Using cannabinoids as therapeutic agents in the cardiovascular system and how it may be overcome

Marijuana usage is traditionally associated with a laid back, low blood pressure lifestyle so the potential for cannabinoid to be used as antihypertensives has been increasingly explored since the original suggestions more than 30 years ago (Pacher, Batkai & Kunos 2005).  However research into the cardiovascular effects of cannabinoids has only taken off properly since the discovery of endogenous ligands and the identification of specific receptors.  Unfortunately there are currently many disadvantages to the use of cannabinoids as therapeutic agents in the cardiovascular system, as will be discussed in the context of the pharmacology and cardiovascular effects of cannabinoids below.

Pharmacology of cannabinoids and the cannabinoid receptor

The 7 transmembrane G-protein linked cannabinoid receptor (Gebremedhin et al. 1999)was first characterised in 1988, and subsequent research has elucidated at least 2 subtypes of receptor - the (predominantly) central CB1 and peripheral CB2 subtypes (Di Marzo et al. 1998).  CB1 are localised mainly in brain tissues, but have also been found in vascular smooth muscle cells (Gebremedhin et al. 1999) and CB2 are found in immune cells (Mendizabal, Adler-Graschinsky 2003). 

The central actions of cannabinoids are mediated by action on CB1 receptors; indicated by correlations between CB1 affinity and potency of central actions, as well as effective inhibition by the CB1 antagonist SR 141716A of central actions (Mendizabal, Adler-Graschinsky 2003).  Cannabinoids are lipophilic so easily cross the blood brain barrier in order to exert effects on the central nervous system (Mendizabal, Adler-Graschinsky 2003).
Endogenous cannabinoids such as anandamide are believed to be formed only as necessary and near their site of action, as physiological levels are low and preclude a hormonal role (Mendizabal, Adler-Graschinsky 2003). 

The biologically active component of marijuana (9-tetrahydrocannabinol - 9-THC) (for structure see figure 1), attains it effects via partial agonism of the CB1 cannabinoid receptor in the human body (Hillard 2000). 
Figure 1. The structure of 9-tetrahydrocannabinol (Hiley, Ford 2004)
Whilst there is till debate about the exact function of cannabinoid receptors research into the endogenous CB1 partial agonist anandamide (see figure 2 for structure) has found that it mediates a downregulation of the autonomic nervous system, leading to hypotension and smooth muscle relaxation (Di Marzo et al. 1998). 
Figure 2. The structure of the endogenous cannabinoid anandamide (N-arachidonylethanolamine) (Di Marzo et al. 1998)
It had been noted that both endogenous and administered cannabinoids have actions that cannot be explained by activity on cannabinoid receptors alone (Mendizabal, Adler-Graschinsky 2003).  Indeed it has now been found that the endogenous cannabinoid anandamide is also active at the V1 capsaicin receptor (Di Marzo, Bisogno & De Petrocellis 2001, Hogestatt, Zygmunt 2002) which, whilst primarily involved in nociception, is also believed to have a role in the modulation of cardiovascular function (Ralevic et al. 2002). 

It is likely that the vasoactive neurotransmitter calcitonin gene-related peptide is primarily responsible for the V1 mediated vasorelaxation (Hogestatt, Zygmunt 2002) and indeed it has been suggested that the vasoactive effects of anandamide could not exist without its activity on V1 receptors. 
Intracellular 2nd messengers involved in the VR¬1¬ mediated activity include nitric oxide and substance P (Ralevic et al. 2002).  Figure 3 below summarises these proposed sites of action of anandamide.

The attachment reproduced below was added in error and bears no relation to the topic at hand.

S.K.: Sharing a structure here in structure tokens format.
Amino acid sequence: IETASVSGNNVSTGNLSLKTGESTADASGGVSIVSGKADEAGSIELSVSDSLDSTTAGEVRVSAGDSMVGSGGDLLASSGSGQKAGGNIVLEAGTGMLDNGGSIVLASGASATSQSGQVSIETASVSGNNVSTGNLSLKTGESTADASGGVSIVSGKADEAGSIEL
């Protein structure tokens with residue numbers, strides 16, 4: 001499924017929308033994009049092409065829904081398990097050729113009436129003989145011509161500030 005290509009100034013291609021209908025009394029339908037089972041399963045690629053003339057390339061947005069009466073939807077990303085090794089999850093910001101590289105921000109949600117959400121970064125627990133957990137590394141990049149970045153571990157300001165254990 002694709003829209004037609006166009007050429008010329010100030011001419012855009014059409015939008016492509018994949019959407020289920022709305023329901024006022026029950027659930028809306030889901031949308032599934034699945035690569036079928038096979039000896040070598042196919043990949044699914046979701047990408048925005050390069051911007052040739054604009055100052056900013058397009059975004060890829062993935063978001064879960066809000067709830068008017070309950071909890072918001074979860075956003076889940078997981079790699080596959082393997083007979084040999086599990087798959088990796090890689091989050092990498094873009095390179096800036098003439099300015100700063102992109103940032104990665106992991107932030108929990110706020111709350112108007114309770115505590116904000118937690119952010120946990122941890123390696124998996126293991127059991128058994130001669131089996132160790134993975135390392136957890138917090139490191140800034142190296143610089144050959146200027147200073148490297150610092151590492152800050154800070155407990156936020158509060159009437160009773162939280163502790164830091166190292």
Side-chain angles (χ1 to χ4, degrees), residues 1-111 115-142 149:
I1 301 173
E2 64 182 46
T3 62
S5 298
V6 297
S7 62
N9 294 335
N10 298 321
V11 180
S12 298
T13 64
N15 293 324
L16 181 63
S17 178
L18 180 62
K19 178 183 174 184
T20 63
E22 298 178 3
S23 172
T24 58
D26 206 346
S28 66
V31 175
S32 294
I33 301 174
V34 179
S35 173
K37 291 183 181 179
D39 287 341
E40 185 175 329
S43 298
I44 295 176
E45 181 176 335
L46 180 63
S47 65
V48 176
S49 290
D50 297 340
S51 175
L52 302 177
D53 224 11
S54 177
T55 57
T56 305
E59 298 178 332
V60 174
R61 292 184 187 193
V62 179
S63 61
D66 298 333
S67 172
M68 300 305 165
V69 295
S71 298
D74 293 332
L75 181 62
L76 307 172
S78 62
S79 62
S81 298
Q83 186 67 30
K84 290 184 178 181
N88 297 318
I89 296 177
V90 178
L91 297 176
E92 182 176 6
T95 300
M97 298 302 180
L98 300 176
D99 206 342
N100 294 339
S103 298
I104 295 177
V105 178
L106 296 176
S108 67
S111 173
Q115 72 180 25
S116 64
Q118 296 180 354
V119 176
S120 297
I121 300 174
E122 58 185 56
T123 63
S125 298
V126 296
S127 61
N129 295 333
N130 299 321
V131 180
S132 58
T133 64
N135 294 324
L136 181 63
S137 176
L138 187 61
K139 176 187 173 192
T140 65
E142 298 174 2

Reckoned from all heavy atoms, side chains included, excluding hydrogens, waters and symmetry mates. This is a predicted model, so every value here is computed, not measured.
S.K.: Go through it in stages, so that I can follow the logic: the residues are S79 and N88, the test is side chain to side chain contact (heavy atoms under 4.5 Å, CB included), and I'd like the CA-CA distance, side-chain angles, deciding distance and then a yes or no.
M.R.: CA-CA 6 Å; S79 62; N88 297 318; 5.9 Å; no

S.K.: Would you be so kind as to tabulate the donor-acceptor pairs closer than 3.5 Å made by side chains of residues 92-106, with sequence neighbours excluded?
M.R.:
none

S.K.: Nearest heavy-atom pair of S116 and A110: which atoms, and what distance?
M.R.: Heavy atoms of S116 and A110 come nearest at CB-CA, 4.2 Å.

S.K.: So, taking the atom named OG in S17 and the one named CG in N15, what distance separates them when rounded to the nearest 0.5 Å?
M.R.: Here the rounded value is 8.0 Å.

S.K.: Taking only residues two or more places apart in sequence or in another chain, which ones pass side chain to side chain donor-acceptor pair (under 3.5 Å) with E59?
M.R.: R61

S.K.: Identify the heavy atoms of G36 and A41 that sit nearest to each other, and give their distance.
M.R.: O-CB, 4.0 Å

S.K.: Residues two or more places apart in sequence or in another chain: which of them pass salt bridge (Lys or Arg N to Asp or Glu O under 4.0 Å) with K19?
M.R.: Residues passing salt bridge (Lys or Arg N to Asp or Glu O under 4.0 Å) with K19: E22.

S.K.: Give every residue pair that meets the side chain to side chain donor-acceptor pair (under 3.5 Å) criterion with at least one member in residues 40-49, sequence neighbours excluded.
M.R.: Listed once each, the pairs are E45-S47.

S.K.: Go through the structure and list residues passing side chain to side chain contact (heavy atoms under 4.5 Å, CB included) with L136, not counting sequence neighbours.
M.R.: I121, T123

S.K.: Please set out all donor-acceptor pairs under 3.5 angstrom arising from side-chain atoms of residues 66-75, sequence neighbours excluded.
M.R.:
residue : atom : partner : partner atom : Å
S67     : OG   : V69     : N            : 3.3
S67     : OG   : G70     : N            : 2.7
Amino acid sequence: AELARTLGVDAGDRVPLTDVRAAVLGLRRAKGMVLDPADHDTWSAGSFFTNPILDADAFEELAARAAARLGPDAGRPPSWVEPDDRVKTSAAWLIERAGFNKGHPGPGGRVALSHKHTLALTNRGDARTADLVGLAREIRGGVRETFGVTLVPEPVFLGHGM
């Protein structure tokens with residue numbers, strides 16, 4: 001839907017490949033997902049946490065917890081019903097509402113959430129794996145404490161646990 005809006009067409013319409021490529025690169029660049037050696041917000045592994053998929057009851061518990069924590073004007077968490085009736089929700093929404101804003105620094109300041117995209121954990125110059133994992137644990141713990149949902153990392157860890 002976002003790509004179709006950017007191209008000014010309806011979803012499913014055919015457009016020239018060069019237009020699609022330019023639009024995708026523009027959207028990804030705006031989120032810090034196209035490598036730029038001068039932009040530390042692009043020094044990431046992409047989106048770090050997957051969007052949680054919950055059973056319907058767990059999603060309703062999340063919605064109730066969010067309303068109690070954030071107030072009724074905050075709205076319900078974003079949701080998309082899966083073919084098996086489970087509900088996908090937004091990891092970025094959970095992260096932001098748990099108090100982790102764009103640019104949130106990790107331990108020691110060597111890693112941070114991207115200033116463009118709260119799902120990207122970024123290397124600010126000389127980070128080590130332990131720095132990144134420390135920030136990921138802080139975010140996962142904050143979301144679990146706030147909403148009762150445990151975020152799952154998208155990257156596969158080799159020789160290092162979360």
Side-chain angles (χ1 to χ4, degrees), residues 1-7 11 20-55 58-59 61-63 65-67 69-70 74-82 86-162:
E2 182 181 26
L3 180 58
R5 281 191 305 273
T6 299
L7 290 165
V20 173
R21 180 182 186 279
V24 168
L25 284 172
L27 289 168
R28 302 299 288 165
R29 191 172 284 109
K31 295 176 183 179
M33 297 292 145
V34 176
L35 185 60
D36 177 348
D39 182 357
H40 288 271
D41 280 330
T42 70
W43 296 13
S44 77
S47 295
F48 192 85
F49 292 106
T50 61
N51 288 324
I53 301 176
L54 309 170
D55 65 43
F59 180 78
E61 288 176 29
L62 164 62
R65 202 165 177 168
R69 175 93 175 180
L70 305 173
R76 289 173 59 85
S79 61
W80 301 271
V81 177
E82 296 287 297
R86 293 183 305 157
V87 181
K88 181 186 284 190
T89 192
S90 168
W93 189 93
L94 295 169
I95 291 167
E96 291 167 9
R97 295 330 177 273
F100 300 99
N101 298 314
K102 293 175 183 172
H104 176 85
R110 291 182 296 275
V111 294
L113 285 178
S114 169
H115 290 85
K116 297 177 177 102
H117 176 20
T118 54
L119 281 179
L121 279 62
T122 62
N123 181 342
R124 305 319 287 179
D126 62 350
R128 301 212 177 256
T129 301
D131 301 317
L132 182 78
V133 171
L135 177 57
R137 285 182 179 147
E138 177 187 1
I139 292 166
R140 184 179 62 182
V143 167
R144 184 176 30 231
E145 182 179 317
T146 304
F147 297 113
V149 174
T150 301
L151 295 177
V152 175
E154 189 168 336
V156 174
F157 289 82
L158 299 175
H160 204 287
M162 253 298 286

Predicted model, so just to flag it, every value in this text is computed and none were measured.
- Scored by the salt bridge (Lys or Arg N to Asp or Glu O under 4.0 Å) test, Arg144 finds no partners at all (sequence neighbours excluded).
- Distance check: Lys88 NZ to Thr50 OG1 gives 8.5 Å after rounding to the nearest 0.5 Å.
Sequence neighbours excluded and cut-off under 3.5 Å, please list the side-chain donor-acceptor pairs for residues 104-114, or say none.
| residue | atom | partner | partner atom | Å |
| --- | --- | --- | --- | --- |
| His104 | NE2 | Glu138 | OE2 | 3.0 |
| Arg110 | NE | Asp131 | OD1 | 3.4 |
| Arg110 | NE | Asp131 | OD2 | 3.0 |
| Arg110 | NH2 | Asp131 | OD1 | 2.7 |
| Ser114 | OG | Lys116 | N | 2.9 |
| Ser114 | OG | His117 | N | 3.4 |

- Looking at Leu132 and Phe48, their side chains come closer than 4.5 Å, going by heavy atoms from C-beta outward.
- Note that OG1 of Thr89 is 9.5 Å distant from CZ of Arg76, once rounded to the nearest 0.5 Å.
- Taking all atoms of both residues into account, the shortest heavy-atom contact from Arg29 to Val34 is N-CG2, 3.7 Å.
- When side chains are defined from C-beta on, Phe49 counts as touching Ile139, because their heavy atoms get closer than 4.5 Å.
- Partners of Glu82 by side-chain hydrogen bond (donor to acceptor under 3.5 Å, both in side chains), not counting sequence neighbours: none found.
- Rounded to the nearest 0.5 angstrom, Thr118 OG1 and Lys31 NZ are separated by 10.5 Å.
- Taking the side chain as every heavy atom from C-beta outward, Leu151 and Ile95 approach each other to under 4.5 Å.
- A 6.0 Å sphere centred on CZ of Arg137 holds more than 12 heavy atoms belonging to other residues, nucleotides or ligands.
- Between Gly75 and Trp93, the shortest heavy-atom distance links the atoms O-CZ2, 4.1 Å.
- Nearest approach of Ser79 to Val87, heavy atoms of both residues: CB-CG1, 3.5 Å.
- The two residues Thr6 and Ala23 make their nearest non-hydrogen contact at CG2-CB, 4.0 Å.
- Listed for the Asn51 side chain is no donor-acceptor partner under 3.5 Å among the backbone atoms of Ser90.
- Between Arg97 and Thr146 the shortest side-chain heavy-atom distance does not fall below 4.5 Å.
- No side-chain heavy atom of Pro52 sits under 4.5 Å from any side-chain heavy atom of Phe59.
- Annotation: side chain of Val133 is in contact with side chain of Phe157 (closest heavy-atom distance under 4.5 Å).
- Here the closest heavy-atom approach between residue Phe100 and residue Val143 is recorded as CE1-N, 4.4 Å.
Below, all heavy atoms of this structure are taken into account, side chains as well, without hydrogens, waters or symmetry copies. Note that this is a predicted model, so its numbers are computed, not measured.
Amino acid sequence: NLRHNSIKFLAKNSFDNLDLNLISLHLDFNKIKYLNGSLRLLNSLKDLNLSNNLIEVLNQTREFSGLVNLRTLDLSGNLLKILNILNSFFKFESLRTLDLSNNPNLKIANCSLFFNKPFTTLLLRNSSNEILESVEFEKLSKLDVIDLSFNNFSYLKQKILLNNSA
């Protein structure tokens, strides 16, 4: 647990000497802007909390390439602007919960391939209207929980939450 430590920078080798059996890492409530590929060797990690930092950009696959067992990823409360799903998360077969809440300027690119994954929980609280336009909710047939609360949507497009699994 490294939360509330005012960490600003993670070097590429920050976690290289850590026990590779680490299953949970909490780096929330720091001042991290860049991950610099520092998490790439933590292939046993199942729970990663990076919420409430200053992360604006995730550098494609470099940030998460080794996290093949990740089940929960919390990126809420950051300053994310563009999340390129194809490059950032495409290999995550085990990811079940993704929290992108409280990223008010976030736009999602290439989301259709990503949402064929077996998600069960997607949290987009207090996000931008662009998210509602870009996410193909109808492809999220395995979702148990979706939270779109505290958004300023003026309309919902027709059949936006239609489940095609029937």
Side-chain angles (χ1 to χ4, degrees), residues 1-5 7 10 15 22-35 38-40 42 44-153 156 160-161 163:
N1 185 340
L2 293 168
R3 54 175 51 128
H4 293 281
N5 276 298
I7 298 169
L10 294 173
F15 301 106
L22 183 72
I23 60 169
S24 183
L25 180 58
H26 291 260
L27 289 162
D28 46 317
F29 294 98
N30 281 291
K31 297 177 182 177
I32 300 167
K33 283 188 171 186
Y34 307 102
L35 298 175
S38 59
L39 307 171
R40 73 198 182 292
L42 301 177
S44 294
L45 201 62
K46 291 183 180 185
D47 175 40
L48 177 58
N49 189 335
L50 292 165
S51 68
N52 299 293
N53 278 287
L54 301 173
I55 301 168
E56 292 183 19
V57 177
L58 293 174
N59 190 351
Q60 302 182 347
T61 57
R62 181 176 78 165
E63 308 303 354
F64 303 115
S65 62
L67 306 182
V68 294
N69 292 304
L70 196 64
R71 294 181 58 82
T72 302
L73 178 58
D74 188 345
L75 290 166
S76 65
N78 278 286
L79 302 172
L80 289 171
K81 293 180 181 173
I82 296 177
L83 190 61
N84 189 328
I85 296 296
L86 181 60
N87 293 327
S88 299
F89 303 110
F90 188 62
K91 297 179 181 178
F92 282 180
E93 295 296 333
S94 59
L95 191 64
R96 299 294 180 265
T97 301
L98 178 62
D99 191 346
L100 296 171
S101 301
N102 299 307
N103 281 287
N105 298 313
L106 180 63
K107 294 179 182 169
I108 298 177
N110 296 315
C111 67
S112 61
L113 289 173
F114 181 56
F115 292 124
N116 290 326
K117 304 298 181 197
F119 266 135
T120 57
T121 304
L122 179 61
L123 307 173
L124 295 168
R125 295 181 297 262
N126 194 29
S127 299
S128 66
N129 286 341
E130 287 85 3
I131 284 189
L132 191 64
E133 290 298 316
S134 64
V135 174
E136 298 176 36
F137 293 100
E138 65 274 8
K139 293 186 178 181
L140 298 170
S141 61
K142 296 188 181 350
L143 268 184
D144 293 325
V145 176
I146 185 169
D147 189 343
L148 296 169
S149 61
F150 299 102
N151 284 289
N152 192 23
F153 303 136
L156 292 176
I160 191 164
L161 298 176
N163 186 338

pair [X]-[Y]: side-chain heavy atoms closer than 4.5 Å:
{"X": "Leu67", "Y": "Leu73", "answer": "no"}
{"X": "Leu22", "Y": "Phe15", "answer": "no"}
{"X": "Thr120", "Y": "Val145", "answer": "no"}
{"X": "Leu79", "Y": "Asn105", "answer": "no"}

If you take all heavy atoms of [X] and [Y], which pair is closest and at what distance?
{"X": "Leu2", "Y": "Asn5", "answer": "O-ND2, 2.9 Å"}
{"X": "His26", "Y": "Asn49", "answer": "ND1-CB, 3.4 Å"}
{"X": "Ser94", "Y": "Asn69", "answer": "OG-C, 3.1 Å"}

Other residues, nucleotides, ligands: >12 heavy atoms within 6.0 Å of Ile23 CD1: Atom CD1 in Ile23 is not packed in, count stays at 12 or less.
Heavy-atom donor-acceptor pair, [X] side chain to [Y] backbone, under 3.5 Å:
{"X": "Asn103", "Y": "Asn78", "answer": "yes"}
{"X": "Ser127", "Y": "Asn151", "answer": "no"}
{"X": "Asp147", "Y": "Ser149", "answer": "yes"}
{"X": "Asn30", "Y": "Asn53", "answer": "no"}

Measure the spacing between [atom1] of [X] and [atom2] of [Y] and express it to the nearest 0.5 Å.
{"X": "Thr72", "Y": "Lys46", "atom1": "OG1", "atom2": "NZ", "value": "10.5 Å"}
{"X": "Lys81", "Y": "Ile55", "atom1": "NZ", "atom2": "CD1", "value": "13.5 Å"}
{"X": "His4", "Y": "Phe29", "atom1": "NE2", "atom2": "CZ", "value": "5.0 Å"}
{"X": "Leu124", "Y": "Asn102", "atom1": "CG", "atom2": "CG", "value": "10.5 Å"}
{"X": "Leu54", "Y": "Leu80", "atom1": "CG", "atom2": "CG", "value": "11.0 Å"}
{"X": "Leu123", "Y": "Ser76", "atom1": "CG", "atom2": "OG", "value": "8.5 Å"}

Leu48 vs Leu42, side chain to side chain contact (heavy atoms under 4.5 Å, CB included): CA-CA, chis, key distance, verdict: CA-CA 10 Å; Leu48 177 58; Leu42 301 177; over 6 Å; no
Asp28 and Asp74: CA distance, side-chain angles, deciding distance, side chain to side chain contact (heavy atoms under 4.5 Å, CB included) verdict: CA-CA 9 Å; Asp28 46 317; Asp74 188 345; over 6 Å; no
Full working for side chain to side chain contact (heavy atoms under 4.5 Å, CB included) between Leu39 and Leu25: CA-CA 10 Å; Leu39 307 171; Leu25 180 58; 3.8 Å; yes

Figure 3. The possible sites of vasodilator actions of anandamide (adapted from Kunos et al. 2000)

Endogenous cannabinoids undergo very rapid metabolism.  Anandamide is an eicosanoids (Gebremedhin et al. 1999) and is metabolised via carrier uptake into cells and hydrolysis to arachidonic acid and ethanolamide (Mendizabal, Adler-Graschinsky 2003).  Indeed it was initially suggested that some of the endogenous effects of cannabinoids were mediated via the activity of prostanoids derived from arachadonic acid (Di Marzo et al. 1998) but later evidence using anandamide analogues such as R-methanandamide indicated that this was not actually the case (Kunos et al. 2000).  However it is known that the duration of action of endocanabinnoids is short lived due to their rapid degradation.

The argument for clinical use of cannabinoids

It has been suggested that endocannabinoids have a role in the normal regulation of (lowering) blood pressure, thus this does indicate a potential role for therapeutic application.  In addition essential hypertension in humans could be treated using a CB1 agonist to bring about a reduction in noradrenaline thus a reduction in the (excessive) sympathetic outflow (Hillard 2000).

There is also a potential use in cerebrovascular disease, and specifically the immediate treatment of stroke victims.  However a recently completed clinical trial into the use of the non-psychotropic synthetic cannabinoid dexanabinol in the treatment of ischaemic brain injury found that there was no improvement to intracranical pressure or cerebral perfusion pressure.  So, whilst mortality rates were better than in controls, the vascular effects of dexanabinol were not proven in this instance (Maas et al. 2006).
Endocannabinoids have also been implicated in the haemodynamic changes accompanying shock.  Specifically cardiogenic shock has been found to be associated with raised levels of anandamide, implying a role for cannabinoid antagonists in the treatment of myocardial infarction (Mendizabal, Adler-Graschinsky 2003). 
Disadvantages to overcome in using cannabinoids as therapeutic agents in cardiovascular disease
Significant listed side effects with cannabinoids include sedation, cognitive dysfunction, tachycardia, postural hypotension, dry mouth, ataxia, immunosuppressant effects as well as psychotropic effects (Mendizabal, Adler-Graschinsky 2003).